"I've been put in a leadership position here and I've got to do the best job I can for BC," he says. "Sometimes, the best thing to do isn't the easiest."
A school like BC, which does not have the kind of ancient football tradition or residual fan base to open its doors and assume that great football players will pour through them just because, needs continuity to have a successful program. DeFilippo doesn't think that allowing a coach to go interviewing two years into a five-year contract is good for recruiting. It's about that simple.
All this sounds wonderful and high-minded, but is it realistic? Did Gene DeFilippo, a two-decade veteran of the big-time athletic world (he was at Kentucky, for God's sake), really think that just because Jeff Jagodzinski smiled, shook hands, and signed that five-year contract, thereby pledging fidelity to BC, he would automatically honor it?
Jeff Jagodzinski undoubtedly thought BC was a nice job, but he had just come from eight years with the Big Boys. He was the Green Bay tight ends coach for five years, the Atlanta offensive line coach for the next two, and the Green Bay offensive coordinator in 2006. Did Gene DeFilippo really think Coach Jags had gotten the NFL out of his system?
Jeff Jagodzinski is a coach, remember, and coaches have been conditioned to believe that contracts are for their protection exclusively. Yes, there are colleges that have had various sorts of indemnity clauses written into the contracts to protect themselves against wandering coaches, but they are not the norm. Most coaches believe that when the time comes to leave, you simply act as the aggressor. You shoot first and ask questions later.
I find it difficult to believe that Gene DeFilippo honestly believes Boston College is the kind of destination school that will hold a quality coach's interest for a long time. In football especially, a school such as BC must get lucky with the right guy (i.e. Jack Bicknell in the '80s, Tom O'Brien in the last decade), because BC is - and I'm sure Gene DeFilippo hates to hear this - a steppingstone school in both football and basketball.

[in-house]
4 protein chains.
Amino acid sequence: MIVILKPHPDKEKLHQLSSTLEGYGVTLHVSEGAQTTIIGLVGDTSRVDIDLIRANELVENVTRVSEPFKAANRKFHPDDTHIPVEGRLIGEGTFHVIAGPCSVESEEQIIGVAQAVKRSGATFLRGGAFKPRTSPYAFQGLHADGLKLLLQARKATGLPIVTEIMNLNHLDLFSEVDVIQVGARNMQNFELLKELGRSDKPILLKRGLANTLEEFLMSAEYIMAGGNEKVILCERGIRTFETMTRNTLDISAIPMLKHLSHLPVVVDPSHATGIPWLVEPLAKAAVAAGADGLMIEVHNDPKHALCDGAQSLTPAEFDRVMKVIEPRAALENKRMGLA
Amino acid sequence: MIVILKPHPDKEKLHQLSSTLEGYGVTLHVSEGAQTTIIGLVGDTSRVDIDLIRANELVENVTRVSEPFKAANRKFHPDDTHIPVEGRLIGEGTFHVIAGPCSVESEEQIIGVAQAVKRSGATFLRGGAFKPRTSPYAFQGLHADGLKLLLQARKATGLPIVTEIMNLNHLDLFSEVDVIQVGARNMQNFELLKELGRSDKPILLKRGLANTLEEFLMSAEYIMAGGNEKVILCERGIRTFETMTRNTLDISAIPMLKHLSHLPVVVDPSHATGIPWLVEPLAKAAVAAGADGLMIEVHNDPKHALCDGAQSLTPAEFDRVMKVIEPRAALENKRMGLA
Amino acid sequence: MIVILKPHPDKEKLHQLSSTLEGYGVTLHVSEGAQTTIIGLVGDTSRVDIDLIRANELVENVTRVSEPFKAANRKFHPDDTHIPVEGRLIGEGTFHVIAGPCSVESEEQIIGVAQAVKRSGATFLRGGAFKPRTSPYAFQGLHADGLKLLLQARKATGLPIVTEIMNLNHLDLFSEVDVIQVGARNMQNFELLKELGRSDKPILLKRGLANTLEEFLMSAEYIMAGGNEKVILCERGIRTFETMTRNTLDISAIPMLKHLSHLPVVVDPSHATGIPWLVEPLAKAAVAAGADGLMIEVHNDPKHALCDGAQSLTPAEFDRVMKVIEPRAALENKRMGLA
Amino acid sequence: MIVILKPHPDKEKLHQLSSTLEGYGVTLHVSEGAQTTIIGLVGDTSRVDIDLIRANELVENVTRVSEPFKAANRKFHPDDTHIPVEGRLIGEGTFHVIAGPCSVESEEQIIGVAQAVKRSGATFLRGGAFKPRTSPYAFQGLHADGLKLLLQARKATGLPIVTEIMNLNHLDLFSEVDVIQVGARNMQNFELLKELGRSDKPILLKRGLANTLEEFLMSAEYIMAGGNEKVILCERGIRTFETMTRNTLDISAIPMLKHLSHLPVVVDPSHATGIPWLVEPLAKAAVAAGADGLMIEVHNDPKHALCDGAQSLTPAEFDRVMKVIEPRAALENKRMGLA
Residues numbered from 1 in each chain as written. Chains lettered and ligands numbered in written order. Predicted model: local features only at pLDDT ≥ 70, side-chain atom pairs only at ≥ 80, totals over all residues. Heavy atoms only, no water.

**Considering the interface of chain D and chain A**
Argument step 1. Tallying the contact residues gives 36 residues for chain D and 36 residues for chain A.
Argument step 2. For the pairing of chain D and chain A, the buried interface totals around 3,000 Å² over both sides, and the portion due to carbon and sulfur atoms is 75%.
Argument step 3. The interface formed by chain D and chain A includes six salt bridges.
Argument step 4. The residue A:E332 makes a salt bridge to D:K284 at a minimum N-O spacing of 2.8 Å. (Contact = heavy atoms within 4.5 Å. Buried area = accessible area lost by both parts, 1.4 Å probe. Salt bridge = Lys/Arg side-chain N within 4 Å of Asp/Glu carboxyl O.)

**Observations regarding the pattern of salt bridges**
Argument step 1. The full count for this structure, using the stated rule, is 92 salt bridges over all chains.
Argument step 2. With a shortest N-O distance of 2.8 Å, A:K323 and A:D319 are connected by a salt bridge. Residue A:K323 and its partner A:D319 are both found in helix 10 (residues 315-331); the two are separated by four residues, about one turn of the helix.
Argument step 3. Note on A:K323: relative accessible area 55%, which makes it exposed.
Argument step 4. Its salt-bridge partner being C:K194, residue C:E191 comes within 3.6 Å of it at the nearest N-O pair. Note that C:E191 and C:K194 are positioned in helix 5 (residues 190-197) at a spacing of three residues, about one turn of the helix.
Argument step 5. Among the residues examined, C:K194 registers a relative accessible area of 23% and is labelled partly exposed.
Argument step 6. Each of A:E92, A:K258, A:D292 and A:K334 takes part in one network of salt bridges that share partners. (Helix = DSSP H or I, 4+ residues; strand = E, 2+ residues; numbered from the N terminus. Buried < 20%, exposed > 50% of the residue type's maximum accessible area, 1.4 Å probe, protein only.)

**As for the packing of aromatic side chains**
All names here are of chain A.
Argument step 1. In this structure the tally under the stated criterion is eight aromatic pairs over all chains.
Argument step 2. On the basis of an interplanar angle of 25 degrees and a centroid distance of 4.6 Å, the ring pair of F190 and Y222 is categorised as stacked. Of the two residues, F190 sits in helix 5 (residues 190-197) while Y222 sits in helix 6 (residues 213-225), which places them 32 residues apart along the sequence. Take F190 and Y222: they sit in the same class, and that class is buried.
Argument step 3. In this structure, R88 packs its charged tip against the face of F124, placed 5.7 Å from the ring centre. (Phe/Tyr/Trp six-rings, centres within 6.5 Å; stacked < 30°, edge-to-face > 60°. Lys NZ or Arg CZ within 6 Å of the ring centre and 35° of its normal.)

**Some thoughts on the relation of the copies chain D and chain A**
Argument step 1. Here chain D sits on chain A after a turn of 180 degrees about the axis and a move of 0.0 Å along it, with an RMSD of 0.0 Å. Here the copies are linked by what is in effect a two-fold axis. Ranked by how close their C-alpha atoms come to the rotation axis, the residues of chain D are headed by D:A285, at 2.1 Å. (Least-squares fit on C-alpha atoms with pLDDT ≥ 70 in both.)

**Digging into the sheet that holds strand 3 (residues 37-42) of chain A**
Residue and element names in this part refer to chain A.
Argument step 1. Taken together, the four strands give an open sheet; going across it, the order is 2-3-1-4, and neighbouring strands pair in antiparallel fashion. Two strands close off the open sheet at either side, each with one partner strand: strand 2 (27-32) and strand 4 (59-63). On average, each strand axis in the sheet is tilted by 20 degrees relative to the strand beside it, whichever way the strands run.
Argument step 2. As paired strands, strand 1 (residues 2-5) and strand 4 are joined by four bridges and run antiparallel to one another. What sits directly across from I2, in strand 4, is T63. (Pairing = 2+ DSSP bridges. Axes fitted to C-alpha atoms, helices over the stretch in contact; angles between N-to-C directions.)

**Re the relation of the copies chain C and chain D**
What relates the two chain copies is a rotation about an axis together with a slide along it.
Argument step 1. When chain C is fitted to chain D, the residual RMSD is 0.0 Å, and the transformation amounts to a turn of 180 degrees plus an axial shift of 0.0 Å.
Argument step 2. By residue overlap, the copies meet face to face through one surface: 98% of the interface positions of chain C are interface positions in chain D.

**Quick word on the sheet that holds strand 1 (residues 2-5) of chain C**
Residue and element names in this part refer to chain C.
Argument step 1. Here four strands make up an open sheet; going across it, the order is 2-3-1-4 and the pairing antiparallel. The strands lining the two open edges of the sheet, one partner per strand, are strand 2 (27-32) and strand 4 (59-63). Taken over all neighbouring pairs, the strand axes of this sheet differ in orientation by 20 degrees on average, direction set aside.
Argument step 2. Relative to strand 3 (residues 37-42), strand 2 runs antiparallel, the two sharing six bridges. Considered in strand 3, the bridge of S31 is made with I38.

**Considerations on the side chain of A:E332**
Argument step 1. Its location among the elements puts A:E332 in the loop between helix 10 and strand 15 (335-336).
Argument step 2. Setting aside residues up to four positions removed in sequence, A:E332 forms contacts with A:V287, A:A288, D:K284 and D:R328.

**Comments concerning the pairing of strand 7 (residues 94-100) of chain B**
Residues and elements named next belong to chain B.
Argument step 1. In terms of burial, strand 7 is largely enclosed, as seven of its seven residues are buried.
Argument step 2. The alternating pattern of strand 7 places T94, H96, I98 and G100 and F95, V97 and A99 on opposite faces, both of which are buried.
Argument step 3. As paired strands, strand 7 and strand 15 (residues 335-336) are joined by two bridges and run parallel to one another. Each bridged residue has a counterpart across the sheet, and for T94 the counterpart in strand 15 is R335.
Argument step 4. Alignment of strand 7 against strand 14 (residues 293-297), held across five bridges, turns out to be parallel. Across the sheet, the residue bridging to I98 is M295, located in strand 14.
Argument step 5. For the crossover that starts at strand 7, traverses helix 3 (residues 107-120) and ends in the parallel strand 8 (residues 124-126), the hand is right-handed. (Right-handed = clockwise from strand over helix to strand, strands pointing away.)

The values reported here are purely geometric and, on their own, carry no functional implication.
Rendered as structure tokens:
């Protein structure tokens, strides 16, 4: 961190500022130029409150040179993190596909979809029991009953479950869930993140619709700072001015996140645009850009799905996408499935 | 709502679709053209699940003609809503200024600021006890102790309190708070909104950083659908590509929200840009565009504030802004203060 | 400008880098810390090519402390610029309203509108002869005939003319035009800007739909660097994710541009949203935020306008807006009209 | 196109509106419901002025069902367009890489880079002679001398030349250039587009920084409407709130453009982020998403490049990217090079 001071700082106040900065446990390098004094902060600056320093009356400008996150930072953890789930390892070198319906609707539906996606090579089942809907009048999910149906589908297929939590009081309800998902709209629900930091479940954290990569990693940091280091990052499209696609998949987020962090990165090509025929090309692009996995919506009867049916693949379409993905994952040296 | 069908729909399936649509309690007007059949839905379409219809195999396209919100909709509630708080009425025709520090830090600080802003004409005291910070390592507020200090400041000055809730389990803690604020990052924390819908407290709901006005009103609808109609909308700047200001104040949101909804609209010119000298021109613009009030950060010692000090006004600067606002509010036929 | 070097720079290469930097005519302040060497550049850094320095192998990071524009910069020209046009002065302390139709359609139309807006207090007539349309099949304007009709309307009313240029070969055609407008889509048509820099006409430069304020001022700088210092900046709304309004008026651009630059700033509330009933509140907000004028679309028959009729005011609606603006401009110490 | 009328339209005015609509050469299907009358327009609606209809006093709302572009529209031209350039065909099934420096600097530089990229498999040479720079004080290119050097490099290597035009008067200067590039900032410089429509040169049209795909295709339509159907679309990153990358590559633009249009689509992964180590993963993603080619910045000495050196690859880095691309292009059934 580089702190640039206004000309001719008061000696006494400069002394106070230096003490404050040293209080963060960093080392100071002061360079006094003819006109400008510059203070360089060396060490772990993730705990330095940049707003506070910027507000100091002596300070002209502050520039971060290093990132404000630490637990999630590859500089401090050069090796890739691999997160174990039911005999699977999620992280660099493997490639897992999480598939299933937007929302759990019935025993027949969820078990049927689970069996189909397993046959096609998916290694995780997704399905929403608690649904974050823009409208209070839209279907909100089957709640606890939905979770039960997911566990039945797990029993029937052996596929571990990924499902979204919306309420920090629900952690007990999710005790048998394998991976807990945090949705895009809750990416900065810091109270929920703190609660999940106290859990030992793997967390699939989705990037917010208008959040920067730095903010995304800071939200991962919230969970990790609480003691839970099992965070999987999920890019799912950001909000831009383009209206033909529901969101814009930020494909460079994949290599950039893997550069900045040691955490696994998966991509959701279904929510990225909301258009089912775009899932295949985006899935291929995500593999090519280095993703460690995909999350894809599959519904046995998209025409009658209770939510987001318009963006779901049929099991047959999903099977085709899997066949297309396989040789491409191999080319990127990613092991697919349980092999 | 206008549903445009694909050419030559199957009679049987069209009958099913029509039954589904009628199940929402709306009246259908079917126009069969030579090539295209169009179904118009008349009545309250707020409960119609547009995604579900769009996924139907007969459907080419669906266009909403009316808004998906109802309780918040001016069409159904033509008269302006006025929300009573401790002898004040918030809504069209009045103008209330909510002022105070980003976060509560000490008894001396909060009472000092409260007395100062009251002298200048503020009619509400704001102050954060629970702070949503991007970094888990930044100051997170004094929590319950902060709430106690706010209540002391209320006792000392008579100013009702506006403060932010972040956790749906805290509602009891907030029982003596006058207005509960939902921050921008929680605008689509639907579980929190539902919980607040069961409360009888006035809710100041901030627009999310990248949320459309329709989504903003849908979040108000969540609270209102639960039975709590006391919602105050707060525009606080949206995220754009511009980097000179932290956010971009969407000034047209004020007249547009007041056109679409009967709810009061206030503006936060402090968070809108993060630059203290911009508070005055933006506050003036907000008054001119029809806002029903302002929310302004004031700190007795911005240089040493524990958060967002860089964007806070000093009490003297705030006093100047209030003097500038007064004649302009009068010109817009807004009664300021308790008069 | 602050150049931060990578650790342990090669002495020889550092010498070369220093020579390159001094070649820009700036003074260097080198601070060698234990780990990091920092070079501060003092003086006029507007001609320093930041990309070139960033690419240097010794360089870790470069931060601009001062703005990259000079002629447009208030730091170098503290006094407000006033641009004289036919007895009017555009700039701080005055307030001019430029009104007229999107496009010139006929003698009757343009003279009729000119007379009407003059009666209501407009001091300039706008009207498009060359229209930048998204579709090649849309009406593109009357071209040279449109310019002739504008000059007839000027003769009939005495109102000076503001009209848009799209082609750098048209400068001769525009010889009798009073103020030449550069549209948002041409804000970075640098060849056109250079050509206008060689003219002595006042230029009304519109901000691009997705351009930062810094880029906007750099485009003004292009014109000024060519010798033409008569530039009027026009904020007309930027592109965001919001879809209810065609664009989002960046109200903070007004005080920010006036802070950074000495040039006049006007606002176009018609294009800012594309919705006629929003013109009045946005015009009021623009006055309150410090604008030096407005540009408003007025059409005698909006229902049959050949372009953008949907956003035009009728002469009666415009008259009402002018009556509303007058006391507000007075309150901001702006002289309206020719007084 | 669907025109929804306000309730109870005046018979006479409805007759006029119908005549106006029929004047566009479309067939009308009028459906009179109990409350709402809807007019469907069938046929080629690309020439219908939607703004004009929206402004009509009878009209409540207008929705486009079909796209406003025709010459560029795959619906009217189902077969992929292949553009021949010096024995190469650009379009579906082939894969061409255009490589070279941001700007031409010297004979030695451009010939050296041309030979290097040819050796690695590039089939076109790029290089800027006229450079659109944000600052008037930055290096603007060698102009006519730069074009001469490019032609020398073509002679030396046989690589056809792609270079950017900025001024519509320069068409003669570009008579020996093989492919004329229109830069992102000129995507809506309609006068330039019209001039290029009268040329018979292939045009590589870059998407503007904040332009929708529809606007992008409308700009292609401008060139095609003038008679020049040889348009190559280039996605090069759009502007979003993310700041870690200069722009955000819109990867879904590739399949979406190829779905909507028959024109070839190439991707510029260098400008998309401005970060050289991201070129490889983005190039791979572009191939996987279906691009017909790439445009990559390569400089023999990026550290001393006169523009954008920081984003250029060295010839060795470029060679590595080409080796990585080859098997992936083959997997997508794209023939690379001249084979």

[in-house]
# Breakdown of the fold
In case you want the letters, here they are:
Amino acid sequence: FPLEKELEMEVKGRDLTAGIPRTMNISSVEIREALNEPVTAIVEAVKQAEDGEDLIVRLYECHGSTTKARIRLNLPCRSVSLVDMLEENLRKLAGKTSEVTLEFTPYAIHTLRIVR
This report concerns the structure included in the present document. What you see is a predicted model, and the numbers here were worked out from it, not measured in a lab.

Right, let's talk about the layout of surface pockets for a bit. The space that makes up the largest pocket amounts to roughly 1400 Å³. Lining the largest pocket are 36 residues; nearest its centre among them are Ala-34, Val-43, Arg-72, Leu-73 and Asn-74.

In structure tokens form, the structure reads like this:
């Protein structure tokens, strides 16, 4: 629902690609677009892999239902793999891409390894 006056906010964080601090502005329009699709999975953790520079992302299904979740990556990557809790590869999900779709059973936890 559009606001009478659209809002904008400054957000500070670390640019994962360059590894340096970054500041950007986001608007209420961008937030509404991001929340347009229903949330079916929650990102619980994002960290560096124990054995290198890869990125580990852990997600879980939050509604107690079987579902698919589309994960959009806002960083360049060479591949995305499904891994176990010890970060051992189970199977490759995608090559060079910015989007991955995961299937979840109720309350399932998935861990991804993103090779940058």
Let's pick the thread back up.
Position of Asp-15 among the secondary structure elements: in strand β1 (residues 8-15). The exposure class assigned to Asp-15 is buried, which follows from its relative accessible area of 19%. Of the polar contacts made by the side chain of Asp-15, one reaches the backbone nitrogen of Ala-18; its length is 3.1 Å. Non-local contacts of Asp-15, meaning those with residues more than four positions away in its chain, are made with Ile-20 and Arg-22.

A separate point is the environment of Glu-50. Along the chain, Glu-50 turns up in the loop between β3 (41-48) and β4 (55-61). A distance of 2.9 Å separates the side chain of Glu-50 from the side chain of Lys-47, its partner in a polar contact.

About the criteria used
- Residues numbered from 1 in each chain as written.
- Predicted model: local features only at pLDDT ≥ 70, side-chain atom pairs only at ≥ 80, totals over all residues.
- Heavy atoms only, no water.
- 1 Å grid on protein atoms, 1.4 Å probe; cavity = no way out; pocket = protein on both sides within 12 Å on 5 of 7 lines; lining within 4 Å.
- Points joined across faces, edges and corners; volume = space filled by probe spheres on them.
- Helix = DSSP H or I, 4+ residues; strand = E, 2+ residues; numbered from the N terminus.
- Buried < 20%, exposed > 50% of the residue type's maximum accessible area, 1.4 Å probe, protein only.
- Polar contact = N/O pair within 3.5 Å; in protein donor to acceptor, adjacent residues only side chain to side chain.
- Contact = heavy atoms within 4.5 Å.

Quality coaches have been leaving BC for greener pastures for at least 68 years, or ever since Frank Leahy, fresh from a Sugar Bowl victory, took off for South Bend, Ind., without, as my great old friend Jack Barry would have said, a how-do-you-do?
That's not exactly a comforting thought, but that's reality. Most people in the outside world have no trouble understanding why a Jeff Jagodzinski would want to interview for an NFL job. As much as Gene DeFilippo holds the legal and ethical advantage here, the coach in question comes off as the one deserving sympathy because, after all, isn't he just trying to "better himself"? We've all heard that one already.
Gene DeFilippo is hurt and angry because he selected Jeff Jagodzinski and invested in him and now he is being jilted after two years. I think a better approach is to say, "Hey, we're a place good enough to send guys to the pros - isn't that right, Tom Coughlin? - and we'll just go out and find the next future Super Bowl coach for ourselves."
Assuming Coach Jags doesn't get the Jets job, what Gene DeFilippo needs to do is kiss and make up with his coach, assuming Jags really wants to be here. If not? Jags is good, but he's replaceable, and that's a fact.
Bob Ryan is a Globe columnist. He can be reached at firstname.lastname@example.org.